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Jefferson City to display baseball-themed sculpture

Jefferson City to display baseball-themed sculpture

February 21st, 2019 by Nicole Roberts in Local News

The bronze "School's Out" sculpture — portraying a boy throwing a baseball — will be featured in a Jefferson City park through the Jefferson Cultural Arts Commission's participation in the Creative Cities Alliance's "Sculpture on the Move" program.

Another new sculpture is coming to one of Jefferson City's parks.

The Jefferson Cultural Arts Commission selected a bronze "School's Out" sculpture — portraying a boy throwing a baseball — through Manchester-based Creative Cities Alliance's "Sculpture on the Move" program. The program allows cities to rent and purchase sculptures made by local artists.

The commission plans to partner with artists Lee Leuning and Sherri Treeby to install the sculpture around one of the baseball fields in May. While commissioner Leann Porrello said she hopes the sculpture will be in Washington Park or Ellis-Porter Riverside Park, she must speak to Jefferson City Parks, Recreation and Foresty Department officials about park options.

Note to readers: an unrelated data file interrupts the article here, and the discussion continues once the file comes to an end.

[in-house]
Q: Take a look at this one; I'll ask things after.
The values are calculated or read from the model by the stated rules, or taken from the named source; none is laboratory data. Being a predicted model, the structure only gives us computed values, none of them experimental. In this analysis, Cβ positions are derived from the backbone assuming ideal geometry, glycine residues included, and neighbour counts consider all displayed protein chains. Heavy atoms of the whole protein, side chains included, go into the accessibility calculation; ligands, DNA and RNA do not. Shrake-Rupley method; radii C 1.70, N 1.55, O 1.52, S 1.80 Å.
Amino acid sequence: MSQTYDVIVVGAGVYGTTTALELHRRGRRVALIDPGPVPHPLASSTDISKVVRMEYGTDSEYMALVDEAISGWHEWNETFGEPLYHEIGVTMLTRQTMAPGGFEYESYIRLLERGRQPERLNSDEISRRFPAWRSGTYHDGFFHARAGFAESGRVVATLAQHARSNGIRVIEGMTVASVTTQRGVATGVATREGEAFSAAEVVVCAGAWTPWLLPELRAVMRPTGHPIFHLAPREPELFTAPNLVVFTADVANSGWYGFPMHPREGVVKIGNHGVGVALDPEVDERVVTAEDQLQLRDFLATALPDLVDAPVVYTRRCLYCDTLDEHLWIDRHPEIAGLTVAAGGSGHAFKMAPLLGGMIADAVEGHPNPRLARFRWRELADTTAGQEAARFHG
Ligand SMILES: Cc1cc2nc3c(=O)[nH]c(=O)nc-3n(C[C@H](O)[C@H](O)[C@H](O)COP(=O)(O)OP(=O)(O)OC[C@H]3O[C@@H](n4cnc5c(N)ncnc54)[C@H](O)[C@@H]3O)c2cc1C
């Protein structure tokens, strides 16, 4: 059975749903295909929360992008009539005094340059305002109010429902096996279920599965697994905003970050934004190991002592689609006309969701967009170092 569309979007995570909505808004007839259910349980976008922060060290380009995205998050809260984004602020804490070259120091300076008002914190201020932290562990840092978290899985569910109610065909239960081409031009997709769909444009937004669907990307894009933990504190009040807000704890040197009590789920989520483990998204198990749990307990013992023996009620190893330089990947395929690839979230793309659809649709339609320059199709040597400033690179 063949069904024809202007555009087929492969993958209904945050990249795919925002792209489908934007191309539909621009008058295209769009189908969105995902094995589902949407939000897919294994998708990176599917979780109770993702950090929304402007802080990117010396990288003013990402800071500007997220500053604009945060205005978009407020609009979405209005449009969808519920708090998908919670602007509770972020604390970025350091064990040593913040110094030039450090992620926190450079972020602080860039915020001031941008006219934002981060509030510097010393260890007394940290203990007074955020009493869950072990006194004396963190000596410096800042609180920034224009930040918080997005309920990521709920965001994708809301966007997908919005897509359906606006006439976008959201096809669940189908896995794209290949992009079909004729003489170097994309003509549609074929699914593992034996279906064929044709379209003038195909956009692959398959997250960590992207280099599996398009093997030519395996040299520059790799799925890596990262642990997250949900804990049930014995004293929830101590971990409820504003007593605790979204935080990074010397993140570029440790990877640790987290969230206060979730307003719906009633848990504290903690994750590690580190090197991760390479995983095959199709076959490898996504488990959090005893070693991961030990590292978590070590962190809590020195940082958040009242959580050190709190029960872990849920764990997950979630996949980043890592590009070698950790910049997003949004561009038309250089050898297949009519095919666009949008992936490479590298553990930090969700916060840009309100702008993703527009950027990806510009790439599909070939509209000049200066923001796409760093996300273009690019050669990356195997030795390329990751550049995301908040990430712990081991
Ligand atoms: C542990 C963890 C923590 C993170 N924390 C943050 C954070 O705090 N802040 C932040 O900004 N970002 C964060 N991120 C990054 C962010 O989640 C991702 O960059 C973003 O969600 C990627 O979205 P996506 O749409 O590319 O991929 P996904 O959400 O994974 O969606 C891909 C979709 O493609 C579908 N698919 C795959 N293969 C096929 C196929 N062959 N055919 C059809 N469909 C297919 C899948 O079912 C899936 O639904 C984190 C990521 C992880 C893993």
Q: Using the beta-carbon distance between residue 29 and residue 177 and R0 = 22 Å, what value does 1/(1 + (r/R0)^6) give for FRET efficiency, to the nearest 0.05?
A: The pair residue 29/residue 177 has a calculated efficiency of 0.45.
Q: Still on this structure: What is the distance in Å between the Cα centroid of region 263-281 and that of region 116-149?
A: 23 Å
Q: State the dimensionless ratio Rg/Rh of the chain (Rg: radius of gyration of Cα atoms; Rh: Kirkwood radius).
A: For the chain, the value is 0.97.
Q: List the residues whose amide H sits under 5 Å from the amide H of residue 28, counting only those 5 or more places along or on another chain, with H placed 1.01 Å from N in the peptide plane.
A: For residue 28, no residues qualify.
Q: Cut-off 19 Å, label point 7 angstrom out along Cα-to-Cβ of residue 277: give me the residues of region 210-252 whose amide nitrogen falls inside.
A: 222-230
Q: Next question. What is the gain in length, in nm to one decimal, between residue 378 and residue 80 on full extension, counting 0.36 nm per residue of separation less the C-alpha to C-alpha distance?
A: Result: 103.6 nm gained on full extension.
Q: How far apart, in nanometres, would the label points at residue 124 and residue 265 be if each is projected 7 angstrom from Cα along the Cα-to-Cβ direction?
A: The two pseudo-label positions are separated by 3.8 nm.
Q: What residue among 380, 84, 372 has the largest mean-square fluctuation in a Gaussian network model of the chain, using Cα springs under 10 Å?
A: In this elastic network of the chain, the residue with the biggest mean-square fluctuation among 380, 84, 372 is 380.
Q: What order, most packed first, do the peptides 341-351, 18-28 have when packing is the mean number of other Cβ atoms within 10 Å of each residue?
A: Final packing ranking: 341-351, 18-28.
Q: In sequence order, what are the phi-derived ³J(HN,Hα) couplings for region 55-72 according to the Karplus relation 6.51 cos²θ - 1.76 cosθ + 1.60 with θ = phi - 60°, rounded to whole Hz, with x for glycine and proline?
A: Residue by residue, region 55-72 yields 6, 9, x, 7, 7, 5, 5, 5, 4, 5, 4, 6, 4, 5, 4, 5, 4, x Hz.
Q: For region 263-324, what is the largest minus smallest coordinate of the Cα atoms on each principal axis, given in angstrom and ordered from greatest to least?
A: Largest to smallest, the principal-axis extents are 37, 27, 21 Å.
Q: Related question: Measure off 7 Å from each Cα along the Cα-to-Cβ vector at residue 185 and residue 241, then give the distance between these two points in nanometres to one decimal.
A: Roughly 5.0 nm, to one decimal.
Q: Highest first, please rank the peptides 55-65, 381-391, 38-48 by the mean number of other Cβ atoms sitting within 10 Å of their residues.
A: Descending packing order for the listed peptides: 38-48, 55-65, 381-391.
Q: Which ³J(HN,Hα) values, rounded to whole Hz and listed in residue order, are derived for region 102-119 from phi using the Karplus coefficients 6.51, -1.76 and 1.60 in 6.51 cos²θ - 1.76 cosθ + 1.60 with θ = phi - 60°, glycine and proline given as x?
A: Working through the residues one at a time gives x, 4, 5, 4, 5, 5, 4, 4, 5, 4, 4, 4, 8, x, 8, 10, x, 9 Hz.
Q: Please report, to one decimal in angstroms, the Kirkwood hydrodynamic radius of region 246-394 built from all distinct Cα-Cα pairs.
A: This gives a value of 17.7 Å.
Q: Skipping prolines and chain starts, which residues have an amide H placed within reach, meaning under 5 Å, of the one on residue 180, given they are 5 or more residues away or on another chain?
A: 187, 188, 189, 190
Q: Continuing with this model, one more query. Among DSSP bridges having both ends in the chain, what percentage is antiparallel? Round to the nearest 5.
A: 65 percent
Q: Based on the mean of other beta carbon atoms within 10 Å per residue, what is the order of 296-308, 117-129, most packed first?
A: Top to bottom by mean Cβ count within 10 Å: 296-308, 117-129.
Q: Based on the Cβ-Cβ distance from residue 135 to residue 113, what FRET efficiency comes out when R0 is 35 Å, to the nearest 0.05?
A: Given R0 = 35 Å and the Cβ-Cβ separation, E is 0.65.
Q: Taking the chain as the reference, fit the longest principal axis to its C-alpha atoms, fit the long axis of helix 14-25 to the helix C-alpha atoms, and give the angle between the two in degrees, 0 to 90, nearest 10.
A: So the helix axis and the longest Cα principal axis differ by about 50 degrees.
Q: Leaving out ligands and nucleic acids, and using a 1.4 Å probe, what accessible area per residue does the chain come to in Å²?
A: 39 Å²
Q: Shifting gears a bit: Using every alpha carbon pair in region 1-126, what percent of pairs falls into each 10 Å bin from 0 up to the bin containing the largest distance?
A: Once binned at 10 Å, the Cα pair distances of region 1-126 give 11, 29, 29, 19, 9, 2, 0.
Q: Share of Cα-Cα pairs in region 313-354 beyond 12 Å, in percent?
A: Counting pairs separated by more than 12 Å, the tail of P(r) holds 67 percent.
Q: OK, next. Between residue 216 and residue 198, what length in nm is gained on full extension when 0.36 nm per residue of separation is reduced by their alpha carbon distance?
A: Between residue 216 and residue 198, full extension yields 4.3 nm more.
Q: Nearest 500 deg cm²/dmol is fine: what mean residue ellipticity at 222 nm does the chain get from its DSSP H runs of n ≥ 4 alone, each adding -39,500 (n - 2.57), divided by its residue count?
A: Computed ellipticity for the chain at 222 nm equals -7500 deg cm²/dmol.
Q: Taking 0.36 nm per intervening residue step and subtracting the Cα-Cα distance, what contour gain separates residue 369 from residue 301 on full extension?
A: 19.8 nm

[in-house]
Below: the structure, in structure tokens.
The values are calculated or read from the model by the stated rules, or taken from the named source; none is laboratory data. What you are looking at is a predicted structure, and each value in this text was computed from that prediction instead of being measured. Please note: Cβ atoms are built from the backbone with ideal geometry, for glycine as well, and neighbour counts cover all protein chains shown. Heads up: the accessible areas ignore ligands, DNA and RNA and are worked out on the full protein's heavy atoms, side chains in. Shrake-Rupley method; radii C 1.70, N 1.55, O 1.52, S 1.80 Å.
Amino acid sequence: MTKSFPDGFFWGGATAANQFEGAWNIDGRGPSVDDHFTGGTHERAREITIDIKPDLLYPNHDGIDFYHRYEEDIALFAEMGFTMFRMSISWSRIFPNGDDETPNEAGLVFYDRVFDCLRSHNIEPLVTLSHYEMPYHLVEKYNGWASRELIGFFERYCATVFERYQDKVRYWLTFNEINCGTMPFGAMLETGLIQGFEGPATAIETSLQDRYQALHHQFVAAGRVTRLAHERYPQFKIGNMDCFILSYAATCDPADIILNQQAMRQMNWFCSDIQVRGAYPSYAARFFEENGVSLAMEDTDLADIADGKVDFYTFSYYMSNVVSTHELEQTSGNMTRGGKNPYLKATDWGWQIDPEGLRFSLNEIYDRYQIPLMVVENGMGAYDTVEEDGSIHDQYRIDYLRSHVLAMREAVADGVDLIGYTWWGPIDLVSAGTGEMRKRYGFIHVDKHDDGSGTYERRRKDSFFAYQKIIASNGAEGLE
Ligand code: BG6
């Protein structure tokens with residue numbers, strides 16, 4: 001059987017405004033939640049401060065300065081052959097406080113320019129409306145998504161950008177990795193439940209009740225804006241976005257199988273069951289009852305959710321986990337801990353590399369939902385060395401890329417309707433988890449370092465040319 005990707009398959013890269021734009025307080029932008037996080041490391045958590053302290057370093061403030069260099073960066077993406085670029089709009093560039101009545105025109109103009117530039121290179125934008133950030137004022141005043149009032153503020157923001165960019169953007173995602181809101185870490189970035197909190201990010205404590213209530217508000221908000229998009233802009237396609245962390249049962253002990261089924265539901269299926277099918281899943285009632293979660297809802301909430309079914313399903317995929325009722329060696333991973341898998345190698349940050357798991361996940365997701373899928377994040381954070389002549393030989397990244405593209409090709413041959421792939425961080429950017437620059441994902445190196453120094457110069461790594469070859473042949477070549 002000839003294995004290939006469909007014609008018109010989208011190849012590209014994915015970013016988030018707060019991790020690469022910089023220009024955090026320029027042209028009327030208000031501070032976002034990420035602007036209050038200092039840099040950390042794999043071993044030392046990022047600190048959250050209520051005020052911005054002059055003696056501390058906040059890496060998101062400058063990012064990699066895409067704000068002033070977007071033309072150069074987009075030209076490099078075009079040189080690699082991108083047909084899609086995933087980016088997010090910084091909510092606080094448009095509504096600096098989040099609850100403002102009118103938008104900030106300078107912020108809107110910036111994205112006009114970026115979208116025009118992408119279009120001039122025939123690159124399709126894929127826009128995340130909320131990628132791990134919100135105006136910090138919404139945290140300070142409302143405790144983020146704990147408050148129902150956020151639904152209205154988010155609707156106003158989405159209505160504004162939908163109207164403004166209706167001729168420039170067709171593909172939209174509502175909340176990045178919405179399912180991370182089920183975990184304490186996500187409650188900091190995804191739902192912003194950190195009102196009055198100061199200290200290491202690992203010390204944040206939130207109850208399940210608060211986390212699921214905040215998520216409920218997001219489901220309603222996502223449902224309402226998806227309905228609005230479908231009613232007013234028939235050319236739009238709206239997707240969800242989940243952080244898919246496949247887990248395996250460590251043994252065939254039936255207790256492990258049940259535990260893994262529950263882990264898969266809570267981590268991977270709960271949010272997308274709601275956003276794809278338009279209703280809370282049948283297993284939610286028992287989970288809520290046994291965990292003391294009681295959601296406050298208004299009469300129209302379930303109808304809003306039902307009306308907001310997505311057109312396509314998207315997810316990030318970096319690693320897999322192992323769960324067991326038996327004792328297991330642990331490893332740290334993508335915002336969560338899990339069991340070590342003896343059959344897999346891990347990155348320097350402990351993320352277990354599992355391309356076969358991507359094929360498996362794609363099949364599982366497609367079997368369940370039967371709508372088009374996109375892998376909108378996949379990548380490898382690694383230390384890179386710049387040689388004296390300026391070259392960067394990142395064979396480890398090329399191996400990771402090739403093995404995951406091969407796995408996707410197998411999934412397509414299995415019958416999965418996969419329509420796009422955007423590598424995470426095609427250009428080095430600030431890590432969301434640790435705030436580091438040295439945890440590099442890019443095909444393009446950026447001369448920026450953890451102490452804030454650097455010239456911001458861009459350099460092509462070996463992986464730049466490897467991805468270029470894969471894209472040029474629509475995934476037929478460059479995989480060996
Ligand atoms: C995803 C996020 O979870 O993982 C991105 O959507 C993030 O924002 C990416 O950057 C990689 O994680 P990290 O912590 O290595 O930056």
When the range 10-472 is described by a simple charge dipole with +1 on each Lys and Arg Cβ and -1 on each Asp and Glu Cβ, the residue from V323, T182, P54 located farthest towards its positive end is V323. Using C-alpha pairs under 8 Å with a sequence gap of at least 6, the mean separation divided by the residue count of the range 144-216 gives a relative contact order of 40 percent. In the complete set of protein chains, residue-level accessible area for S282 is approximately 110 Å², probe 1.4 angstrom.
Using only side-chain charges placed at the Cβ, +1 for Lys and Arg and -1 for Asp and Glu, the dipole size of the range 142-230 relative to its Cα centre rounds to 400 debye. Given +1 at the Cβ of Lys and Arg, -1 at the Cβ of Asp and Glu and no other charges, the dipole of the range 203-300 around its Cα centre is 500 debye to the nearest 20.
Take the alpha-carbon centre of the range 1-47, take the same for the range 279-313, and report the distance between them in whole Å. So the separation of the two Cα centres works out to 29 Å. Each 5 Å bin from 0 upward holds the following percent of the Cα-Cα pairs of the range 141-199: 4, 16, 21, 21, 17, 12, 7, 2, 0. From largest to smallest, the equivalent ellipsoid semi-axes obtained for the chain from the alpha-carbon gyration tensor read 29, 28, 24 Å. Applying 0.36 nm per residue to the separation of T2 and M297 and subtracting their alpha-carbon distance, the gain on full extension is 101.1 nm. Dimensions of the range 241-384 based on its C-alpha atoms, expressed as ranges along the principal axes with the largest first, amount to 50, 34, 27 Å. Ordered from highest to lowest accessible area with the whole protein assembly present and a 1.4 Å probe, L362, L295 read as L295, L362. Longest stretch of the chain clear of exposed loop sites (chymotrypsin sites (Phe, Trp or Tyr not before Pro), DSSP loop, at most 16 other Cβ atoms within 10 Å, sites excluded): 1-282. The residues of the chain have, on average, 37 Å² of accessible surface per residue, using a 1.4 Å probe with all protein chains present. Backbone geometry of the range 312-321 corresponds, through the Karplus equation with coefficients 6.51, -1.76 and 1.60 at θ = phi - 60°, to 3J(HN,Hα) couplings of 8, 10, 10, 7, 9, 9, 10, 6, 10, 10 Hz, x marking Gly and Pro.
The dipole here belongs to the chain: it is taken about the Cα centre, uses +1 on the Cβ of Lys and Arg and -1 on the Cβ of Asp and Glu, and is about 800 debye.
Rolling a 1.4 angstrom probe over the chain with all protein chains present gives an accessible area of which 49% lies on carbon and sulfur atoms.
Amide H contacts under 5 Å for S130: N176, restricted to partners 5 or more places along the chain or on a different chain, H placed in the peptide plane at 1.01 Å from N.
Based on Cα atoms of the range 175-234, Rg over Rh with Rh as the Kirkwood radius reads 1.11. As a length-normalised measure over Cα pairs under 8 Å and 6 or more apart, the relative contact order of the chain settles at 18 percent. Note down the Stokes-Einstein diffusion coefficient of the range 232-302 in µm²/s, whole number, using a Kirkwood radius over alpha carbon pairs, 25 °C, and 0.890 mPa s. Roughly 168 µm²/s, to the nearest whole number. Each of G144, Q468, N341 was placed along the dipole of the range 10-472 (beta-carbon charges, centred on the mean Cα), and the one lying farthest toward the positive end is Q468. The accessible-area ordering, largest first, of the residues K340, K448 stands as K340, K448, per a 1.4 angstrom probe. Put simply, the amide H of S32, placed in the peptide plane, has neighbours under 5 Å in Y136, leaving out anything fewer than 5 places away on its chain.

The sculpture and artist may be present May 5 at PorchFest.

Cities can rent sculptures for two years for $500 per year. After two years, cities then can decide whether to rotate the art out or purchase the sculpture as a permanent community feature.

"The program really eases the community into seeing the benefits of art throughout the community," Porrello said. "Sometimes when you go too big, too fast, it kind of strikes people the wrong way. This is a great program to be a part of to kind of test the waters."

The commission partnered with artist Jillian Springer to install the "Grandiloquence" at Ellis-Porter Riverside Park last May. The sculpture has two openings on either side where visitors can speak to each other.

In the future, the commission may contact artists directly about creating sculptures for Jefferson City. This could help eliminate some of the sculpture rotation involved with Creative Cities Alliance's program.

"We get these community sculptures around the community, but they'll disappear if we don't buy them," Porrello said. "People will notice."